The board of directors has increasingly become the focus of corporate governance research and policy making in emerging economies following the Mexican Peso crisis in 1990, the Asian economic crisis in 1997, the Russian Ruble collapse in 1998, the Brazilian Real crisis in 1998, and the Argentine Peso collapse in 2002, among other financial crises. Observers have noted that the lack of corporate governance standards and the weak enforcement of existing laws in emerging economies are partly responsible for such crises and for the inability of companies to recover from them.
At issue are some unique features of corporate governance in emerging economies. The lack of dear and strongly enforced property rights attenuate the depth of public capital markets, forcing many firms into private equity arrangements for financing. Private equity from friends and family, coupled with family control, engender opaque boardroom practices between related companies. Emerging economies are also characterized by extensive governmental involvement in private enterprises, ostensibly to encourage economic development and risk-taking, but instead discourage the accumulation of private capital in favor of de facto taxed-based public financing. One result of these features is the pervasiveness of interlocking directorates between corporations and the government in emerging economies.
In its most basic form, an interlocking directorate occurs when a person from one organization sits on the board of directors of another company (Mizruchi, 1996). Hence, an interlock may take several forms. It occurs when an individual from a focal organization sits on the board of another or when an individual from another organization sits on the board of the focal company. Interlocks also occur when there is a simultaneous exchange of individuals on the boards between two companies. They also occur when two individuals, A and B, from two different companies sit on the board of a third company, X. The companies of A and B have an indirect interlock while company X is interlocked with the companies of A and B. For the purposes of this study, we chose the most stringent definition of interlock which occurs when current senior managers and/or directors of two companies simultaneously serve on each others' boards. Since it is unclear if existing theories of interlocking directorates are generalizable outside of the non-Anglo-American context, this study seeks to understand the phenomenon of board interlocks and their relationship to firm performance in an emerging Asian economy, namely Singapore.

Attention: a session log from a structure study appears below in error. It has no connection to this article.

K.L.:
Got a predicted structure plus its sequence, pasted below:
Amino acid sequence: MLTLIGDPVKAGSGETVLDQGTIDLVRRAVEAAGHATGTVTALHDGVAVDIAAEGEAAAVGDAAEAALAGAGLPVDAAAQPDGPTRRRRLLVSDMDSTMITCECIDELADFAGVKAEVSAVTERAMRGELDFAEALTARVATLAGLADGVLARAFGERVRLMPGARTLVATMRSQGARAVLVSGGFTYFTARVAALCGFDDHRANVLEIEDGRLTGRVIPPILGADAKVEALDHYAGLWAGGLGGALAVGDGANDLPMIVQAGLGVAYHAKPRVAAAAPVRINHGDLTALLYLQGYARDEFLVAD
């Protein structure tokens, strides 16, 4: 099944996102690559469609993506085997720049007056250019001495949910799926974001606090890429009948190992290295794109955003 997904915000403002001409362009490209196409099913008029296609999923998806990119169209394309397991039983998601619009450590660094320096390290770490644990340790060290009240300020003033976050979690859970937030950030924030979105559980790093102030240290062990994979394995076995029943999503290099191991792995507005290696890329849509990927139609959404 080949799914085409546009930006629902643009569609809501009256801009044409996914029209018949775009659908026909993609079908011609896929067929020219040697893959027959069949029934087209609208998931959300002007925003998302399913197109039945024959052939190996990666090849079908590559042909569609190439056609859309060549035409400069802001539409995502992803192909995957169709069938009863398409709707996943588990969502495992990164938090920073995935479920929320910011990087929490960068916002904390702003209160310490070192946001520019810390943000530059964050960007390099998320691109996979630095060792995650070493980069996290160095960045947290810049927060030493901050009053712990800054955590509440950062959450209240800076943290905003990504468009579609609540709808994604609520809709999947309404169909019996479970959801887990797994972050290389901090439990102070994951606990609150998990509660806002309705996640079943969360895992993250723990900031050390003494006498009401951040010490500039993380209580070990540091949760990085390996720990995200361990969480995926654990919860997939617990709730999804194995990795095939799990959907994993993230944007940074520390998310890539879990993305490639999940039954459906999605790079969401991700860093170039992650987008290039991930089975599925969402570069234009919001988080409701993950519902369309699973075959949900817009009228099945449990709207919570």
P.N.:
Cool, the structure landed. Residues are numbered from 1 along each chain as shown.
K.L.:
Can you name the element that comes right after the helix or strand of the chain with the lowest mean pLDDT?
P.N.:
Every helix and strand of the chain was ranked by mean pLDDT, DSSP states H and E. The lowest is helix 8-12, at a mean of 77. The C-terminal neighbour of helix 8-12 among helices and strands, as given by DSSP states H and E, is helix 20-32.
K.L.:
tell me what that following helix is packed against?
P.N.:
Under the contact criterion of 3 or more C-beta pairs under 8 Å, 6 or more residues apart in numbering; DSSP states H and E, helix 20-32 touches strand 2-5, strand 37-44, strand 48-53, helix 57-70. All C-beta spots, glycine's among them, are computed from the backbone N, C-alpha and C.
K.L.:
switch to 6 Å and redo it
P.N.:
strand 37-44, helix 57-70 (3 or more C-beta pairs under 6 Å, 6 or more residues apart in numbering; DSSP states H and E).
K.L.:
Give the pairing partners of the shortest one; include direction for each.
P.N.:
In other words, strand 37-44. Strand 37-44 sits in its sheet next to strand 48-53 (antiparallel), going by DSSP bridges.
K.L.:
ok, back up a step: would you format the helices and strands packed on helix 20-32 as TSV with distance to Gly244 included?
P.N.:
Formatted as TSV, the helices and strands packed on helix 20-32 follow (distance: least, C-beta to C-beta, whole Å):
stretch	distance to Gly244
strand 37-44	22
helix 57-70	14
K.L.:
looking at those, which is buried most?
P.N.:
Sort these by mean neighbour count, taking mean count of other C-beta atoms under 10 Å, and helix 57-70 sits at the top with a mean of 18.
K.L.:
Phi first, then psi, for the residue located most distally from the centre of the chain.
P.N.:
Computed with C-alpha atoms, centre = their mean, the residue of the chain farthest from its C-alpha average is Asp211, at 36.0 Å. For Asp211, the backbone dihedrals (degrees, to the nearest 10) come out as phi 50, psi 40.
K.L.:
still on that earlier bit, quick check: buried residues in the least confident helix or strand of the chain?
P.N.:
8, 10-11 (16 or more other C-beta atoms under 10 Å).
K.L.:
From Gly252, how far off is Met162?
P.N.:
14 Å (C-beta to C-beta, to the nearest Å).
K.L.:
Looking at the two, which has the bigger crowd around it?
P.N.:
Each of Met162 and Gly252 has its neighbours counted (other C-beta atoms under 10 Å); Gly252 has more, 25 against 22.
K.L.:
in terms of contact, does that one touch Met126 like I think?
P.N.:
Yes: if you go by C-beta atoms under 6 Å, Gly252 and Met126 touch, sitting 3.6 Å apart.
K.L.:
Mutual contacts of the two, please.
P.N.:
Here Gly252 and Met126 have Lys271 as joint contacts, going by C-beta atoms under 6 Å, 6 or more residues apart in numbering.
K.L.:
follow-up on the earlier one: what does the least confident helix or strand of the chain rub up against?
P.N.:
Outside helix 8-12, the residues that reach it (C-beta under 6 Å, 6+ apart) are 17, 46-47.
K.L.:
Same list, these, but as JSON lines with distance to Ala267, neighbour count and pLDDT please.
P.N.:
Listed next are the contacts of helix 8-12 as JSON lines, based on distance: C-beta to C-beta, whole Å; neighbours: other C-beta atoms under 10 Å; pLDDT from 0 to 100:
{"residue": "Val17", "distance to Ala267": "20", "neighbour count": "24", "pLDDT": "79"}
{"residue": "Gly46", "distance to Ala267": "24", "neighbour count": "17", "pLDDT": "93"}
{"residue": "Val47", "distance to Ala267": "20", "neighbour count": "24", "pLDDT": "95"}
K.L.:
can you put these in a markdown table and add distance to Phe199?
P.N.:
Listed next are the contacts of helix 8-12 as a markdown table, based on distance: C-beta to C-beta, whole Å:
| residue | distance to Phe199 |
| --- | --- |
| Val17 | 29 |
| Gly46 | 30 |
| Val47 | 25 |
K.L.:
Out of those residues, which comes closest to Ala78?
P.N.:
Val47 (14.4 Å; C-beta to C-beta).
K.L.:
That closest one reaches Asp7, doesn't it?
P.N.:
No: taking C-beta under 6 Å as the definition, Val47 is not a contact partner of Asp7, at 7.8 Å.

In the next section, theories of board interlocks are reviewed, followed by the development of research hypotheses. Next, the methodology for this study is described, followed by a presentation of the results and a discussion of the implications.
THEORIES OF INTERLOCKING DIRECTORATES
Interlocking Directorates for Class Integration
One theory of board interlocks proposes that they exist for class integration, defined as the mutual protection of the interests of a social class by its members (Koenig and Gogel, 1981; Useem, 1982). This process is driven by the identification and appointment of director candidates with similar backgrounds, characteristics, and political beliefs from within the personal networks of incumbent board members. The result of this "class hegemony" is an elite class of directors whose primary interactions in the boardroom serve the purpose of protecting class welfare (1) and, by extension, the welfare of the individual who belongs to the class (Koenig and Gogel, 1981; Koenig a al, 1979; Useem, 1982). For example, Useem's (1982) interviews with 1,307 U.S. and British executives and directors uncovered an elite network of directors in private and public corporations, financial institutions, and government agencies, loosely held together by the common goal of preserving their individual and collective positions in society. …